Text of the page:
There are innumerable elements in society that threaten the preservation of history, culture, and heritage. World Heritage sites, designated by United Nations Educational, Scientific and Cultural Organization (UNESCO), enjoy international prestige but a website listing and a plaque do not make these sites immune to threats like political and social conflicts, natural disasters, tourism, development pressure, or insufficient management, said San Antonio Conservation Society‘s new Executive Director Vincent Michael.

San Antonio’s Spanish colonial Missions have the unique benefit of several layers of public and nonprofit entities – the City, Bexar County, State, National Park Service, Archdiocese, neighborhood associations and Conservation Society, among others – working together to protect them, Michael said after a Conservation Society membership meeting at the Mission San José Visitor Center Wednesday night.

“There were all these cooperative efforts all along … that’s amazing,” said Michael, who has worked extensively with World Heritage Sites around the world including those in China, Ukraine, Cambodia, and Guatemala.

With more than three decades of experience in the U.S. and abroad – especially as a trustee of the Global Heritage Fund from 2012-2015 working to preserve sites facing these threats all over the world – Michael hit the ground running when he moved to San Antonio in June. The Conservation Society hired him after an extensive international search to replace Bruce MacDougal, who served as executive director for more than 25 years.

“I waited until you had World Heritage to come (to San Antonio),” Michael joked.

Michael brings an international perspective to how the Conservation Society will support both the past and future of the World Heritage sites.

The Conservation Society has a long list of success stories from its more than 90-year history. It’s widely credited with saving the River Walk, the historic homes that dot the HemisFair ’68 footprint, and La Villita Historic Arts Village, to name a few.

It also played a key role in initiating the preservation of the Missions when it purchased the San José Granary doors to preserve the brass medallions that were being sold off to tourists. Five years later it secured the granary itself, Mission Espada’s acequia, and surrounding private land that it eventually deeded to the State to became a National Historic Park in 1983.

The NPS honored the Conservation Society’s citywide efforts Wednesday night with an official presentation of a 2016 Directors Partnership Award.

Michael took meeting attendees that gathered on Wednesday night through a photo slideshow tour of World Heritage sites around the world – most of which he himself visited. The crowd sighed with delight at serene photos of the ancient Angkor Wat temple complex, the largest religious monument in the world, and then gasped at photos of tourist climbing up packed staircases during visiting hours. More gasps came as they saw cheesy souvenir shops dominate a temple in China and a cruise ship towering over Venice.

The four Missions on the Museum Reach and the Alamo, which were inscribed by UNESCO as World Heritage sites last year, will face development challenges and threats, Michael said. But they also face monumental opportunities.

“World Heritage can really help a place and it’s not just about preserving the landmarks,” he said. “It’s about developing a place in a sustainable way. It is part of our economy and part of every day life.”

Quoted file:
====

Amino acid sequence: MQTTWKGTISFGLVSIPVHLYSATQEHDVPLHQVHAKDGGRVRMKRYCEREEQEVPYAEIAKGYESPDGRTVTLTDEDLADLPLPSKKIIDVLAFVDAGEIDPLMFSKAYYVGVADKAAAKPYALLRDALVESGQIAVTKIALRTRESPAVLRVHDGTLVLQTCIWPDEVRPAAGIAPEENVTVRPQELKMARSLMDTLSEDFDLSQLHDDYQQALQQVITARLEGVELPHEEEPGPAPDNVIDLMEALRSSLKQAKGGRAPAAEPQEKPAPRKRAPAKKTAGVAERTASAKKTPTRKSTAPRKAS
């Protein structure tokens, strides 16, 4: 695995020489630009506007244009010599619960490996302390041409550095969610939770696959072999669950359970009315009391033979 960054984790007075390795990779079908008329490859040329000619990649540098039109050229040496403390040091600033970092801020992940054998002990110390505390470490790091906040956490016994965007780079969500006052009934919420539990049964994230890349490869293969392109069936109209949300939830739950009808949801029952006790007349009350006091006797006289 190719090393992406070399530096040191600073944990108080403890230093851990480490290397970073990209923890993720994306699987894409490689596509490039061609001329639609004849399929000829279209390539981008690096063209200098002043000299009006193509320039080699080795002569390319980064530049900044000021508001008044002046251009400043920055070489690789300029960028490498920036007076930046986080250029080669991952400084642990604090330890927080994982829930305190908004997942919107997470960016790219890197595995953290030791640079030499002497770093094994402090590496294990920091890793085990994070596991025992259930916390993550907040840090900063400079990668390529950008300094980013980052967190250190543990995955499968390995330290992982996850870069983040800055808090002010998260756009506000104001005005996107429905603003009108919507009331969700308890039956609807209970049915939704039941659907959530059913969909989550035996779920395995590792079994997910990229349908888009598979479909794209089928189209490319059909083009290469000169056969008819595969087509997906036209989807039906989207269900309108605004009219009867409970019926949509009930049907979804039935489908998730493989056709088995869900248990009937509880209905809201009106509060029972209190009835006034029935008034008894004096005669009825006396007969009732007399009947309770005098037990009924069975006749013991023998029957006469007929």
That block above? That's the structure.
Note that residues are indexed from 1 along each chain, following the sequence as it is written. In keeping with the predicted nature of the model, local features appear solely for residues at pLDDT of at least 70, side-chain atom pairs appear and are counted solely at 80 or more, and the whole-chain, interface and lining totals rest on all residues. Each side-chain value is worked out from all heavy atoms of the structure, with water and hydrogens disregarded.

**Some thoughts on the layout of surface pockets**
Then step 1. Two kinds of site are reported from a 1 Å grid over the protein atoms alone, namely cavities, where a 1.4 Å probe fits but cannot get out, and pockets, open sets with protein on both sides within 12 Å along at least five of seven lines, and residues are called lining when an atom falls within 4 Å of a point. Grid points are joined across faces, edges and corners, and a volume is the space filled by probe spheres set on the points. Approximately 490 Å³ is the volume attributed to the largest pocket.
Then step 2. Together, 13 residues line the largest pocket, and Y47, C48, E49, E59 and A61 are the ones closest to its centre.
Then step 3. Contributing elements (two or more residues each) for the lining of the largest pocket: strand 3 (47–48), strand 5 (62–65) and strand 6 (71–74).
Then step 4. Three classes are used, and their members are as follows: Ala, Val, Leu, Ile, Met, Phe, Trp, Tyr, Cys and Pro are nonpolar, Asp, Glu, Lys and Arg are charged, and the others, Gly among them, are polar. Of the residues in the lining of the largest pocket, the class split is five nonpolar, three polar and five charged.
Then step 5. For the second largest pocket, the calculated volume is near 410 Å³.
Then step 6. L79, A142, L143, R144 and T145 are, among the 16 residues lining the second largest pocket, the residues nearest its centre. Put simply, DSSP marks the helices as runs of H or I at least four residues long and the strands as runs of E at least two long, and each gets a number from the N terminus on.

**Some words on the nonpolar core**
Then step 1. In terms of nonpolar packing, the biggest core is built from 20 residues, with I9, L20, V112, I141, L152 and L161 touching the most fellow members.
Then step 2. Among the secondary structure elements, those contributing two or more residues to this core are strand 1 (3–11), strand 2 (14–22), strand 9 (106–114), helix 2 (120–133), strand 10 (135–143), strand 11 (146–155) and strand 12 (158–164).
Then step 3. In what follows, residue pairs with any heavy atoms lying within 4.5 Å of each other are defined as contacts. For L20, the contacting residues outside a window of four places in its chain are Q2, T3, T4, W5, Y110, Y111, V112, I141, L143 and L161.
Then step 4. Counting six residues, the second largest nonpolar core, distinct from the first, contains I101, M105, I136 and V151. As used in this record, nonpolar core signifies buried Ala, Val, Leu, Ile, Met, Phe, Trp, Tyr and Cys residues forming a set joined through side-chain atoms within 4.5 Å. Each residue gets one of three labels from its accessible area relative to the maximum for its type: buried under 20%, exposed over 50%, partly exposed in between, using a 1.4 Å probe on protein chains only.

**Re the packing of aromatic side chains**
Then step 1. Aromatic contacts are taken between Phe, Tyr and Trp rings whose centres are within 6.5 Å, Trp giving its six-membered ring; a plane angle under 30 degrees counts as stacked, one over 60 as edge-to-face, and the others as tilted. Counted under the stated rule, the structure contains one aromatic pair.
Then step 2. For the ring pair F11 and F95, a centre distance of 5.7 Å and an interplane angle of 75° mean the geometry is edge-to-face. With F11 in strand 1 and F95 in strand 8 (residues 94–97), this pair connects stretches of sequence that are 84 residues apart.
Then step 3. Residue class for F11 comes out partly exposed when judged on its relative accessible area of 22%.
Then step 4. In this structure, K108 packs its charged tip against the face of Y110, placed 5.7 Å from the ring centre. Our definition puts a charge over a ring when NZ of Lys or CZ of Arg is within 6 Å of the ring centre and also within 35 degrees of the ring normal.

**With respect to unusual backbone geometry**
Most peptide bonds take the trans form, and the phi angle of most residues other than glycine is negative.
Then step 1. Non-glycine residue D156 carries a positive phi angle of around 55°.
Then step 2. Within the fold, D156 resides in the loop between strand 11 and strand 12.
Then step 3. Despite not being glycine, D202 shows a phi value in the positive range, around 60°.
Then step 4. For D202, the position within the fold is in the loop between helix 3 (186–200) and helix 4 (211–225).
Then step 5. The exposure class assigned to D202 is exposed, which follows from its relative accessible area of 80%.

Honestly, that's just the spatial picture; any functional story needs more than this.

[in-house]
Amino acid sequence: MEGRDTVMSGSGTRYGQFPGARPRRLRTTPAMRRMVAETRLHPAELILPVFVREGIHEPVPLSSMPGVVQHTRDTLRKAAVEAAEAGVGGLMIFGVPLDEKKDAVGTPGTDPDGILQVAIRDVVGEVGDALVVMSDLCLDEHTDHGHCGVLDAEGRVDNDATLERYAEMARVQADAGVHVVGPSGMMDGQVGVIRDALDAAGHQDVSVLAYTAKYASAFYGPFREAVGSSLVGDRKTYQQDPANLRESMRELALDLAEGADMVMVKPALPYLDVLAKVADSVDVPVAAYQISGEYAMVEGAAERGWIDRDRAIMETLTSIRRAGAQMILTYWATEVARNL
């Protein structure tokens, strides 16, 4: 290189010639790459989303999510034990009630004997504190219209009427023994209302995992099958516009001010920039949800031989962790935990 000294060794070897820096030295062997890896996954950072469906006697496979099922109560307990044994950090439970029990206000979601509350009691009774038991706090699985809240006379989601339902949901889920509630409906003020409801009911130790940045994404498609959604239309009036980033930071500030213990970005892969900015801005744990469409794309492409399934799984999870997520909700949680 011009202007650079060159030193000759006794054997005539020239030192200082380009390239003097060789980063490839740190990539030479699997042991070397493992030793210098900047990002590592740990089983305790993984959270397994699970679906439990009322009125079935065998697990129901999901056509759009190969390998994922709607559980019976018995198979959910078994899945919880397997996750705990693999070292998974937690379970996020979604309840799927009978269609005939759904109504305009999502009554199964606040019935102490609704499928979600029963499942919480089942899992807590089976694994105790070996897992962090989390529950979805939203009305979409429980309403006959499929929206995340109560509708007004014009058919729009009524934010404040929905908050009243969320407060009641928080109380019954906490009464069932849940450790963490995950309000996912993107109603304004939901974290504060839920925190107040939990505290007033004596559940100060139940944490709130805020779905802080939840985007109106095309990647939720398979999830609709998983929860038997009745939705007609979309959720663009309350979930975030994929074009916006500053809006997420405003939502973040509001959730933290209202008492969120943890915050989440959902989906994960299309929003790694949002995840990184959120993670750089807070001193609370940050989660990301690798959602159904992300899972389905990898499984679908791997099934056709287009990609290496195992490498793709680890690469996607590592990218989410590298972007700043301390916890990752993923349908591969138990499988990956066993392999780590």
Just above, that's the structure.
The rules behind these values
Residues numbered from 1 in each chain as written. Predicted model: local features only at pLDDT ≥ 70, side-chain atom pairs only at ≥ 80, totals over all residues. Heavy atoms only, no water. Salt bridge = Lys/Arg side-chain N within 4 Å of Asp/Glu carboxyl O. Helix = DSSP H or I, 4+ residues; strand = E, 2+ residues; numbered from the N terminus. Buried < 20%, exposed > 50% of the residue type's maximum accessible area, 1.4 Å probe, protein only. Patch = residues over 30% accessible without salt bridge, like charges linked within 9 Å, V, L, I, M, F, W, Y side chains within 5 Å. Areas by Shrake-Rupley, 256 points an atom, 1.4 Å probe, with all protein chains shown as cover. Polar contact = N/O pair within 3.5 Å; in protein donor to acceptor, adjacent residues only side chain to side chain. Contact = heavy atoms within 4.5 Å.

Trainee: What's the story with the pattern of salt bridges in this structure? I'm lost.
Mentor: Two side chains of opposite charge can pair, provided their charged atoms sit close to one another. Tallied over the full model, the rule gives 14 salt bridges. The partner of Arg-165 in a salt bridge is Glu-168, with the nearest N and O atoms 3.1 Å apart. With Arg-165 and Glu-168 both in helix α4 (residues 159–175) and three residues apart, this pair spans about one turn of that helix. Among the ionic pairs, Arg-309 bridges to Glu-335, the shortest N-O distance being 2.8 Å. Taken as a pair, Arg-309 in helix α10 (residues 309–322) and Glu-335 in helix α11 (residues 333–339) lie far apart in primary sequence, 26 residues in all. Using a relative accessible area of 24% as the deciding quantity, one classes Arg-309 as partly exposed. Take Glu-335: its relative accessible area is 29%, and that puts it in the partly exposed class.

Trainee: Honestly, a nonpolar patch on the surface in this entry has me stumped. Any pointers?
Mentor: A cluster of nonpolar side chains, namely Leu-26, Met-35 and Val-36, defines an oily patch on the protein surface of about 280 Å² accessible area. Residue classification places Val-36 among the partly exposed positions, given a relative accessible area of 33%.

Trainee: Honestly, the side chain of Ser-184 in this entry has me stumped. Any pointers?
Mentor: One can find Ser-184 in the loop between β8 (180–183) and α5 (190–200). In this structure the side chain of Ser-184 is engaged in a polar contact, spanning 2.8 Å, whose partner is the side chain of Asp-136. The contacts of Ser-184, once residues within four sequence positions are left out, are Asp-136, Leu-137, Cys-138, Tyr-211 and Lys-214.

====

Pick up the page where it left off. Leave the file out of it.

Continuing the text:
Striking a balance between economic development and cultural preservation is key.

“The big challenge is you never want the development of a monoculture,” he said. “You don’t want to be just tourism. You want to have something that benefits local residents.”

How do you make sure that happens? Avoiding “Jimmy Johns and Walmart” and promoting legacy businesses is a good start, he said. “I think actually the City is doing smart things with some of the zoning amendments where they are trying to preserve some things for community.”

As part of the World Heritage Work Plan, developed with community and stakeholder input over months of meetings, the City has put together more than 50 land use adjustments that, with Zoning Commission approval, will change the type and scope of development near the four Missions on the Mission Reach. The work plan also includes priorities for wayfinding, cultural preservation, and maintaining longtime residents and businesses. The Rivard Report asked Michael if he thinks this work plan will be successful.

“For me it’s probably too early to say,”  he said. While he was born in San Antonio, his family quickly moved away. Besides a few visits in years past, he’s lived in San Antonio for about four months. “It comes back to the process, you want to engage people all along. You’re never going to get (complete) unity – there’s always going to be differences of opinion. But if people are involved, you can avoid some big mistakes.”

The San Antonio Conservation Society was founded in 1924 to preserve “historic buildings, objects, places and customs relating to the history of Texas, its natural beauty and all that is admirably distinctive to our State.” It was founded by 13 women, and has since grown to a membership of more than 1,700 men and women.

Top image: San Antonio Conservation Society Executive Director Vincent Michael gives a presentation on World Heritage at the Mission San José Visitor Center.  Photo by Scott Ball. 

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Missions Accomplished: The Journey to World Heritage Designation

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Iris Dimmick

Senior Reporter Iris Dimmick covers public policy pertaining to social issues, ranging from affordable housing and economic disparity to policing reform and workforce development. Contact her at